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The 10 Hardest Drugs to Kick

Drug and alcohol use spikes wildly during the 30-day run-up to New Year's Eve. But which drugs are actually most addictive? The answers may surprise you.
 
 
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Many factors determine whether you’ll become addicted to a drug: your genetic makeup, social history, the drugs your friends take, how much money you make. But the chemical makeup of drugs guarantee that certain drugs are more addictive than others. The hardest ones to kick—heroin, for instance—actually train your brain to crave them. A team of researchers led by professor David Nutt of London's Imperial College once set out to determine which drugs were most harmful based on their addictive properties (the resulting article suggested that alcohol and tobacco are more harmful than cannabis and ecstasy, and led to Nutt getting fired as the UK’s top drug adviser). Dutch scientists replicated the London study and devised a “dependency rating” that measured addictive potency of the biggest drugs out there on a precisely calibrated scale of 0-to-3. 

1. Heroin

Dependence Rating (Out of 3): 2.89


No surprise here: heroin’s addictiveness is the stuff of legend. As an opiate, it affects opioid receptors throughout the body and mimics endorphins, reducing pain and causing pleasure. Areas of the brain involved in reward processing and learning are stocked with tons of these opioid receptors, so when you inject heroin, you are basically training your brain to make you crave it. Pair that with nasty withdrawal symptoms and high fat solubility (which allows it to get into your brain quickly), and you have the most addictive drug in the world. An estimated 281,000 people received treatment for heroin addiction in the US in 2003, and according to the National Institute on Drug Addiction, a full 23 percent of people who have ever used heroin become addicts.

2. Crack Cocaine

Dependence Rating: 2.82


Although crack cocaine and powder cocaine have similar chemical compositions and effects, smoking processed crack causes a faster, higher rush that lasts for less time (about 10 minutes, versus 15-30 for powder cocaine). The intensity of the high combined with the efficient method of ingestion—smoking—are the big reasons why addiction rates are dramatically higher for crack than they are for snorted powder. In 2010, there were an estimated 500,000 active crack cocaine addicts in the United States.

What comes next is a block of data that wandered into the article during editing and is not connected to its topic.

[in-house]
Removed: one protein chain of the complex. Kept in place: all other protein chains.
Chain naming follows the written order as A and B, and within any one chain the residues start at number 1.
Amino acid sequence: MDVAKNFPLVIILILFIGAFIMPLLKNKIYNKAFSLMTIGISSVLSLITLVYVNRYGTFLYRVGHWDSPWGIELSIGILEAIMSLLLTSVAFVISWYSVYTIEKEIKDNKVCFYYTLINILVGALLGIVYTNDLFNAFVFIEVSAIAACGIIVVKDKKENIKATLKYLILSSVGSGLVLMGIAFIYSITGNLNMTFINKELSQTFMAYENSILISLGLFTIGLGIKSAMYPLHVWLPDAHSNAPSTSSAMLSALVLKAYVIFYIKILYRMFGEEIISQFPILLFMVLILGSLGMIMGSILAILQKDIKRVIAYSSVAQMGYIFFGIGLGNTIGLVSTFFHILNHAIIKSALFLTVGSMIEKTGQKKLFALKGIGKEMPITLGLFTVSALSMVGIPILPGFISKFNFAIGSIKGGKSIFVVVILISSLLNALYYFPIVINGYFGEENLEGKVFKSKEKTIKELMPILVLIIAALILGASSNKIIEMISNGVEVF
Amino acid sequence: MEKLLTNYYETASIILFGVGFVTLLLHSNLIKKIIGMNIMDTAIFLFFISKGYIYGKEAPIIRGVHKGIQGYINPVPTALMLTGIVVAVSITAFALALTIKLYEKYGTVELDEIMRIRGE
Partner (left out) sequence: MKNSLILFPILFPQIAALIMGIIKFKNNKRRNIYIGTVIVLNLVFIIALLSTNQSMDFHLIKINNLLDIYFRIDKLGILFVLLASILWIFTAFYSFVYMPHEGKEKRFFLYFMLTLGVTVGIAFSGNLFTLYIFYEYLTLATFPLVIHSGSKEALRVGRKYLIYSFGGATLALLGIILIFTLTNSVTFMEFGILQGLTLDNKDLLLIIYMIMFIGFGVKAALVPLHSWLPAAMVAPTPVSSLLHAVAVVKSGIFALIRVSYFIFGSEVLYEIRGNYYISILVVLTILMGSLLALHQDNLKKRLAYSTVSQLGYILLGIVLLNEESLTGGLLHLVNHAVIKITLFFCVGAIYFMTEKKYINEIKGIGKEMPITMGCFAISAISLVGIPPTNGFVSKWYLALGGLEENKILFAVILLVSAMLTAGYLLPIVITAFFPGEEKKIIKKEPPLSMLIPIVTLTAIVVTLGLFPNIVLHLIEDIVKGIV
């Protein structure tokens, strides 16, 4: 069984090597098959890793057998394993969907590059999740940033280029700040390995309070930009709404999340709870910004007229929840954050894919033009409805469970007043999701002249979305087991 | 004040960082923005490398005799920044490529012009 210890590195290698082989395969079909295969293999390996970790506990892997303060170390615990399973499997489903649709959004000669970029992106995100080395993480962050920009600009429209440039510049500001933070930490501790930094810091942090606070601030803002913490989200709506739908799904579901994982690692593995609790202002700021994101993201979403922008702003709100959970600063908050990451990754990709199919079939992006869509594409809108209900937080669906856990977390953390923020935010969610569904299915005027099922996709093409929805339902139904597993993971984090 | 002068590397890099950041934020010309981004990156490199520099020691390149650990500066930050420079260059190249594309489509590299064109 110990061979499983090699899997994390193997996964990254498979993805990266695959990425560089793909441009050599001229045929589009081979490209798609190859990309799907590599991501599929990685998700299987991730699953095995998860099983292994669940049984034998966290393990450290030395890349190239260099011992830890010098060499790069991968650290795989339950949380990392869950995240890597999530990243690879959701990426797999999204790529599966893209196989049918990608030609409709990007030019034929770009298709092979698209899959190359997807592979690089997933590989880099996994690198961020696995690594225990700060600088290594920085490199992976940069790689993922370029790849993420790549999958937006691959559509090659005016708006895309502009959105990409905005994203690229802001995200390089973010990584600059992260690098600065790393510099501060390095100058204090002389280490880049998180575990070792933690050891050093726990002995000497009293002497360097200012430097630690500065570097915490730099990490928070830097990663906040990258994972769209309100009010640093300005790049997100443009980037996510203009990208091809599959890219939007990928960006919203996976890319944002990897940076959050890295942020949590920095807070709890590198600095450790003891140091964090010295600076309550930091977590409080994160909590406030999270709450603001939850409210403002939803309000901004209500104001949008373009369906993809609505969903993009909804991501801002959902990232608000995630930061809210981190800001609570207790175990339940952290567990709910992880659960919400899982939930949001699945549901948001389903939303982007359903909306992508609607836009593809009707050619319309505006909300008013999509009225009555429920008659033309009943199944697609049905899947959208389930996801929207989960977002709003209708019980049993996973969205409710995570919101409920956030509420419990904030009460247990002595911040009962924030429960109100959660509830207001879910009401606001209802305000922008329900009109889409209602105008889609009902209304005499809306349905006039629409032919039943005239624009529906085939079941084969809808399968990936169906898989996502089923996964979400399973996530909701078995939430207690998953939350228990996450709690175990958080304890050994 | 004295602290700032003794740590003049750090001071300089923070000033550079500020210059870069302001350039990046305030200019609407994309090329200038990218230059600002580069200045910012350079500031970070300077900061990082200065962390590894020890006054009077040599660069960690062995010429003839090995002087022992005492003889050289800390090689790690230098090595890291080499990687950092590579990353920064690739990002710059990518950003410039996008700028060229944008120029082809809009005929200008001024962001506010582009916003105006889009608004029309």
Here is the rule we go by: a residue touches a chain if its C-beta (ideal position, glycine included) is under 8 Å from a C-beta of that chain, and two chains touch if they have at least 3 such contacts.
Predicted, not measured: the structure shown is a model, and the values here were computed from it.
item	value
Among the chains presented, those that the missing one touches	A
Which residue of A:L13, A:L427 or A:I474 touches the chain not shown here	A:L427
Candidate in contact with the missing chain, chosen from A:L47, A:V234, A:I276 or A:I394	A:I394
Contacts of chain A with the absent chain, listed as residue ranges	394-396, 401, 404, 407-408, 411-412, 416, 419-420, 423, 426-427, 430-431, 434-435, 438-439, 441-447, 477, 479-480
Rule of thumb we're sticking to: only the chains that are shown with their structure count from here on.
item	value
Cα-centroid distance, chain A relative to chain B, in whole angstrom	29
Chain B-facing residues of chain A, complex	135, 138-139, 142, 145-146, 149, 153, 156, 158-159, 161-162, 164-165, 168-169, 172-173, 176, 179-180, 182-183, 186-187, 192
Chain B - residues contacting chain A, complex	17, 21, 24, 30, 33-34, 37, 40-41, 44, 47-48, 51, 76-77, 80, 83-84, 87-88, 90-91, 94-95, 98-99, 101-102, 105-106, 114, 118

3. Nicotine

Dependence Rating: 2.82

Though nicotine doesn’t cause the rush of heroin or crack, it's biologically similar in a crucial way: it mimics a common neurotransmitter—so well that scientists named one of the acetylcholine receptors after it. Smoking regularly reduces the number and sensitivity of these “nicotinic” receptors, and requires that the user keep ingesting nicotine just to maintain normal brain function. There are a shocking  50,000,000 nicotine addicts in the US, and  one in every five deaths nationwide are the result of smoking.

 

4. Methadone

Dependence Rating: 2.68

In a clinical setting, tolerance to this drug is actually considered a good thing when treating a heroin addiction. A junky getting treated with methadone will quickly become resistant to its euphoric effects and use it to keep heroin withdrawal symptoms at bay. The problem is this: tolerance to methadone is a sign of an addiction to methadone.

 

5. Crystal Meth

Dependence Rating: 2.24

Directly mimicking a natural neurotransmitter “teaches” your brain to want a drug—that’s how nicotine and heroin work. Crystal methamphetamine takes it to the next level: it imitates the reward chemical dopamine andthe alertness chemical norepinephrine, causing your neurons to release more of both—all the while training your brain to want them more. What’s worse, the drug can damage dopamine- and norepinephrine-releasing neurons, which leads to a drastic decrease in their production, thereby making you crave more meth. It’s an addict’s nightmare and a marketer’s dream.

 
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